Early Life and Career
Ramis was born in Chicago, Illinois, the son of Ruth (née Cokee) and Nathan Ramis, shopkeepers who owned the store Ace Food & Liquor Mart on the city's far North Side. He had a Jewish upbringing, although in his adult life he does not practice any organized religion. He graduated from Stephen K. Hayt Elementary School and Nicholas Senn High School in Chicago, and, in 1966, from Washington University in St. Louis, Missouri, where he was a member of the Alpha Xi chapter of Zeta Beta Tau fraternity.
Afterward, Ramis worked in a mental institution in St. Louis for seven months. He later said his time working there
...prepared me well for when I went out to Hollywood to work with actors. People laugh when I say that, but it was actually very good training. And not just with actors; it was good training for just living in the world. It's knowing how to deal with people who might be reacting in a way that's connected to anxiety or grief or fear or rage. As a director, you’re dealing with that constantly with actors. But if I were a businessman, I’d probably be applying those same principles to that line of work.
He had begun writing parodic plays in college, saying years later, "In my heart, I felt I was a combination of Groucho and Harpo, of Groucho using his wit as a weapon against the upper classes, and of Harpo’s antic charm and the fact that he was oddly sexy — he grabs women, pulls their skirts off, and gets away with it". Avoiding the Vietnam War military draft by ingestion of methamphetamine to fail his draft physical, he married San Francisco, California artist Anne Plotkin, with whom he would have a daughter, Violet, and eventually, years later, divorce.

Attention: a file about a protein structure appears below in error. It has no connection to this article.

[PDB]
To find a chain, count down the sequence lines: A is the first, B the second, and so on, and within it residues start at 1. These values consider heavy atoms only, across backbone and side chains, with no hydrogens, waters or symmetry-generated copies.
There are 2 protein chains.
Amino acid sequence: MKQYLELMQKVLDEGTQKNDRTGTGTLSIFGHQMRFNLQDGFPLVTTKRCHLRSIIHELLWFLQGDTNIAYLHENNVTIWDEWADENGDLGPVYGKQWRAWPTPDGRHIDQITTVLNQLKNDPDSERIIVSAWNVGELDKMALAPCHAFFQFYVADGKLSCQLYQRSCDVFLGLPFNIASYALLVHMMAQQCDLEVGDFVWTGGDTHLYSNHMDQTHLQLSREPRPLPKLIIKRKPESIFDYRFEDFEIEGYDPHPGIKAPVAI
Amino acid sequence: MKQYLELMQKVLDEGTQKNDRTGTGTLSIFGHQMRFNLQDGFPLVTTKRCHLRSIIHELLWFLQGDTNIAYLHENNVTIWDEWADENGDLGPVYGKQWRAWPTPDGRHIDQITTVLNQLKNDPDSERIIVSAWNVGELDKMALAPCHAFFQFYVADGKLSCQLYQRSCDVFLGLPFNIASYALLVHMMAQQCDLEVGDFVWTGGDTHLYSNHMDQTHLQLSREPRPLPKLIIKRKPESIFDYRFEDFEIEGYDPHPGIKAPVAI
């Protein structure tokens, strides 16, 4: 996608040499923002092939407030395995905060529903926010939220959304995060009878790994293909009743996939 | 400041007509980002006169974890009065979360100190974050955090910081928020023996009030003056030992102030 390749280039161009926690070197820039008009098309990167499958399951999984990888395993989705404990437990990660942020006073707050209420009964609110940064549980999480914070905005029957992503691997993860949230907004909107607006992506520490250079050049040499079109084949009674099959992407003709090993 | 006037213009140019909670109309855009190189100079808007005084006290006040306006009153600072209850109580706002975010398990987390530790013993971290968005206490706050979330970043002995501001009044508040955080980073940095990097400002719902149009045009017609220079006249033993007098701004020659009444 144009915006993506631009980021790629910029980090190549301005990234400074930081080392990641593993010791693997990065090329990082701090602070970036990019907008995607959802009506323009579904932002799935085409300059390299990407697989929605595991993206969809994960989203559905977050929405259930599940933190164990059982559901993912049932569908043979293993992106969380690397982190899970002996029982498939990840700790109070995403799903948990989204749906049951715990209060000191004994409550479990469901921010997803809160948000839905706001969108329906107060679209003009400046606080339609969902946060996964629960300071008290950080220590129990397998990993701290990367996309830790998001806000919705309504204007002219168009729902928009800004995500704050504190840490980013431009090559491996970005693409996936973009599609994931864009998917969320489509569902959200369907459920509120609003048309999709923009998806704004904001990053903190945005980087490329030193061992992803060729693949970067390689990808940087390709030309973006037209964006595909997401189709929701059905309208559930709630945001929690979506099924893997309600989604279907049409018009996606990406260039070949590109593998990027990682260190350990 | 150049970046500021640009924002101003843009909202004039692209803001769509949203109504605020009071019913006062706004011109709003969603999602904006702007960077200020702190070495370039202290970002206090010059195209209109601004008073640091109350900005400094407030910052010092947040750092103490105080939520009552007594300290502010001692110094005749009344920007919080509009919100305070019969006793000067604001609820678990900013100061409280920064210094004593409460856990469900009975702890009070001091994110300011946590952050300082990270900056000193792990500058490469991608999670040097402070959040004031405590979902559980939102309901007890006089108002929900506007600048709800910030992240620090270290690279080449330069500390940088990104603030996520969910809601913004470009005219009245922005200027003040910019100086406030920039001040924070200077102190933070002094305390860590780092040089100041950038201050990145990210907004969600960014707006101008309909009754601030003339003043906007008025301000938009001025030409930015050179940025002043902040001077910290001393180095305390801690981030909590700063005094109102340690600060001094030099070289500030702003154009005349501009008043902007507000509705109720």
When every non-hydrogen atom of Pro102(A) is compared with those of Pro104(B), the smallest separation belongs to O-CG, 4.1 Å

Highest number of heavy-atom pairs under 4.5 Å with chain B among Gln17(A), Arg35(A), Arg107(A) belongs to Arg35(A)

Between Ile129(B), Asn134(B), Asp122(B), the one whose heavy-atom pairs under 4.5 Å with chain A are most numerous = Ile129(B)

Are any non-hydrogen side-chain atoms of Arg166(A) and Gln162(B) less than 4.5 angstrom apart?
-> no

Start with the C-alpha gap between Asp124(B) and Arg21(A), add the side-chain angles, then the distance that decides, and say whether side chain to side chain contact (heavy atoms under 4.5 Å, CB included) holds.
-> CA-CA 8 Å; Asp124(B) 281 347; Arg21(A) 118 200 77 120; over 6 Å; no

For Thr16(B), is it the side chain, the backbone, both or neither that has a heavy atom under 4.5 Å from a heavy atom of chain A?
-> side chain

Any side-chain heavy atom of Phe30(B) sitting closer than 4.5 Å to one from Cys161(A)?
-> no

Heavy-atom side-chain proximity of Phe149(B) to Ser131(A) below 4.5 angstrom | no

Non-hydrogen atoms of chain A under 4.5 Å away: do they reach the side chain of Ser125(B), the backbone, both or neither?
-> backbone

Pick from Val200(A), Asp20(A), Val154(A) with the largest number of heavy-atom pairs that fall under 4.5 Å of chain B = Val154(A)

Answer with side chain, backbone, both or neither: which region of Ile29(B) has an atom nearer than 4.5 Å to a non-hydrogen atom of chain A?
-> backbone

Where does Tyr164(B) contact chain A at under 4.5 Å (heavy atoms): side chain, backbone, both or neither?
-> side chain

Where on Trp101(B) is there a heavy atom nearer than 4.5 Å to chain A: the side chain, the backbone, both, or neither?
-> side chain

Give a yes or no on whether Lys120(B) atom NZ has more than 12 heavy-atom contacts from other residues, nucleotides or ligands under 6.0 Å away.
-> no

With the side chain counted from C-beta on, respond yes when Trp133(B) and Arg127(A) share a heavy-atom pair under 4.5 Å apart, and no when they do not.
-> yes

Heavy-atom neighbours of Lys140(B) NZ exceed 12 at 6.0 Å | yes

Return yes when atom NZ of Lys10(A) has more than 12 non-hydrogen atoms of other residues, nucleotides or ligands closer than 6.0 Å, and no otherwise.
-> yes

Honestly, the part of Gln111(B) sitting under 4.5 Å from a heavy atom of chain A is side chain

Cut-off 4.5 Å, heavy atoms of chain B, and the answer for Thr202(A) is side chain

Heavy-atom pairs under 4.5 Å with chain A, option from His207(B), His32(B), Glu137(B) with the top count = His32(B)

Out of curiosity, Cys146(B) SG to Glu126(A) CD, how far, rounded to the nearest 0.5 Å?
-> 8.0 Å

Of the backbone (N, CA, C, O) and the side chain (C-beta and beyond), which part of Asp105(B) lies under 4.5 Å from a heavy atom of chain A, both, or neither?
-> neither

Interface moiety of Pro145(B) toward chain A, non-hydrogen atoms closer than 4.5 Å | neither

Following his work in St. Louis, Ramis returned to Chicago, where by 1968, he was a substitute teacher at the inner-city Robert Taylor Homes. He also became associated with the guerrilla television collective TVTV, headed by his college friend Michael Shamberg, and wrote freelance for the Chicago Daily News. "Michael Shamberg right out of college had started freelancing for newspapers and got on as a stringer for a local paper, and I thought, 'Well, if Michael can do that, I can do that'. I wrote a spec piece and submitted it to the Chicago Daily News, the Arts & Leisure section, and they started giving me assignments entertainment features." Additionally, he had begun studying and performing with Chicago's Second City improvisational comedy troupe.
Ramis's newspaper writing led to his becoming joke editor at Playboy . "I called a guy named Michael Lawrence just cold and said I had written several pieces freelance and did they have any openings. And they happened to have their entry-level job, party jokes editor, open. He liked my stuff and he gave me a stack of jokes that readers had sent in and asked me to rewrite them. I had been in Second City in the workshops already and Michael Shamberg and I had written comedy shows in college".
Read more about this topic: Harold Ramis
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